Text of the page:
Update 2011-02-19: Facebook appear to have changed their documentation a bit; I’ve just gone through the article to keep everything in line with the Facebook documentation. The old authorization URLs still work, just hoping to save any confusion.

Another quick blog article just to settle/document some concepts in my own head, and hopefully provide a quick intro to someone out there.

The Facebook Developers site documents all the APIs that you can use to integrate Facebook.  Coming into this with no knowledge of the API can be pretty overwhelming.  This article is a quick working example of authentication and the graph API.  You can read the Facebook references here:  Authentication and Graph API.

The authentication here is the OAuth 2.0, this is the protocol you’d use if you want to write server side code to allow people to log into your site via Facebook, or link existing accounts.  The authentication process also gives you an access token needed to read/write Facebook statuses/photos/etc via the Graph API.

  • First create an application here:
  • You will receive an <App ID> and an <App Secret>
  • You can use this to build an ‘authorize’ URL. This is the location you’ll send your users to initiate the authentication, e.g. on a ‘log in with Facebook’ button on your website:<App ID>&redirect_uri=http://localhost/blah.aspx&scope=offline_access,publish_stream,user_photos,read_stream<App ID>&redirect_uri=http://localhost/blah.aspx&scope=offline_access,publish_stream,user_photos,read_stream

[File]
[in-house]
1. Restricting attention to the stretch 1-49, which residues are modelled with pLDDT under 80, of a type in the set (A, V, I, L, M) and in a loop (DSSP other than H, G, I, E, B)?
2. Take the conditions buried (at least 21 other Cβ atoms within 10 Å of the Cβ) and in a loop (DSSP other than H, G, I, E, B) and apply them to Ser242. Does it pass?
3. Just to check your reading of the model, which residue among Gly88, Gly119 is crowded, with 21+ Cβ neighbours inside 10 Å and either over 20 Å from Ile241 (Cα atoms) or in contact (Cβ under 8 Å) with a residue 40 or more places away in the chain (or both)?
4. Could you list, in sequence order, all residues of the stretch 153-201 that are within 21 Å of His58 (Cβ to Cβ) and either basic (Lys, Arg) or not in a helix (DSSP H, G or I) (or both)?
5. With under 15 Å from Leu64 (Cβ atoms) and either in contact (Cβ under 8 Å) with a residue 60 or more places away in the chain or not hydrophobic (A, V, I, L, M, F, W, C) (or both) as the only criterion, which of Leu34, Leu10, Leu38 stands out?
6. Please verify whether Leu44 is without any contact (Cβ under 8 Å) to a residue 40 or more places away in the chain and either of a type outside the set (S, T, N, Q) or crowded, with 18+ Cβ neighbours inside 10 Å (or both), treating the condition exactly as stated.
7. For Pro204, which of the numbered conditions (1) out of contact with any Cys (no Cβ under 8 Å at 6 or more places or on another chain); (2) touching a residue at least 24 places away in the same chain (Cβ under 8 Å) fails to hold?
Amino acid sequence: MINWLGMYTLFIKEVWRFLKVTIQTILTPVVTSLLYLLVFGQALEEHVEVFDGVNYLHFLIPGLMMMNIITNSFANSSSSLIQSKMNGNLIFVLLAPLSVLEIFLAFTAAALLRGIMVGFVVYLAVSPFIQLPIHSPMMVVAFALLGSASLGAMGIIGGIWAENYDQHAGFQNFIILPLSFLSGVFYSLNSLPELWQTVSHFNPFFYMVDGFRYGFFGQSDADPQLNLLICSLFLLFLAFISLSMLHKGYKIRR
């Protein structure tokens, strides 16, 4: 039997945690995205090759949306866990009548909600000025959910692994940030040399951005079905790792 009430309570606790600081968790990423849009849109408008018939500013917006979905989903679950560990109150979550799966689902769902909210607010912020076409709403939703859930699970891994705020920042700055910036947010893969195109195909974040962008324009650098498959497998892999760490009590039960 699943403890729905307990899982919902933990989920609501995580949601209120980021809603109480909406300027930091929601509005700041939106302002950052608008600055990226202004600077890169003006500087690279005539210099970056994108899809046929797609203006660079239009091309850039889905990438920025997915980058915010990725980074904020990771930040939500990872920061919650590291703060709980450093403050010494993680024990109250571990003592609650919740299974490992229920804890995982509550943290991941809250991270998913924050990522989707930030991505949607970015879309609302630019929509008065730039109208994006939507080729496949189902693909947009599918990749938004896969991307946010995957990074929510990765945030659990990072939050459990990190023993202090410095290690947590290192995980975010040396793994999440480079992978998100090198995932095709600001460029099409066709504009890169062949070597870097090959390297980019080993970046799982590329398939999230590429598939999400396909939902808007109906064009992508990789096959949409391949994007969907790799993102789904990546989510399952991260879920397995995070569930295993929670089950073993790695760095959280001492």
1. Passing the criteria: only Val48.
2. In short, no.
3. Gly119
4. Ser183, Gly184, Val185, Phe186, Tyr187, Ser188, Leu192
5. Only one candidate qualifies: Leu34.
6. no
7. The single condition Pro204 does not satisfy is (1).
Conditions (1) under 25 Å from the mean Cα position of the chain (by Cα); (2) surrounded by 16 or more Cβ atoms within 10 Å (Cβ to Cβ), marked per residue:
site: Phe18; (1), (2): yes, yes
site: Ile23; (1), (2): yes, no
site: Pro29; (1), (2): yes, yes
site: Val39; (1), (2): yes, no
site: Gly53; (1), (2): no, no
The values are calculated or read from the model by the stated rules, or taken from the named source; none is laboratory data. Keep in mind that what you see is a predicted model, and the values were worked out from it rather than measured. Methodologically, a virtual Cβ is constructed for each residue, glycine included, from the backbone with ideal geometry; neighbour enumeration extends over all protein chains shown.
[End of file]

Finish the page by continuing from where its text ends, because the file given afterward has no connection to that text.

• redirect_uri – the user will be redirected here after they’ve authorized your application
    • scope – the permissions you are requesting to access, more info: Extended Permissions
    • Check out Dialog Form Factors to display a pop-up or mobile styled authentication page
    • Check out OAuth Dialog‘s display property to display a pop-up or mobile styled authentication page
  • The user is displayed a page to authorize the access your application is requesting:
  • The user ‘allows’ your application and gets redirected back to the location you specified in the authorize URL, with a <code> attached:
  • Your server now takes the code and exchanges it for an access token, performs a GET against the access_token URL:<App ID>&redirect_uri=http://localhost/blah.aspx&client_secret=<App Secret>&code=<Code>
  • Facebook responds with an access token:
    access_token=<access token>

Your application is now authorized to read/write data with the permissions of the user via the Graph API.  Hit some URLs to get a JSON response from facebook:

  • The feed:<access token>
  • Photo albums:<access token>

Even better upload a photo on behalf of the user!  Download cURL for your platform: cURL download.  Run cURL from a command-line:

-F access_token=<access token>
-F source=@IMG_2693.jpg
-F "message=Testing yet again!"

The -F arguments build a form POST, the @ attaches the file as a file upload, don’t forget to escape any pipe characters in your access_token with a caret.

So that’s a quick intro to what is possible via the graph and authentication APIs. I see plenty of other APIs on the developer site I haven’t tinkered with yet. If you see anything interesting leave me a comment, and I might pull it apart in a new blog post!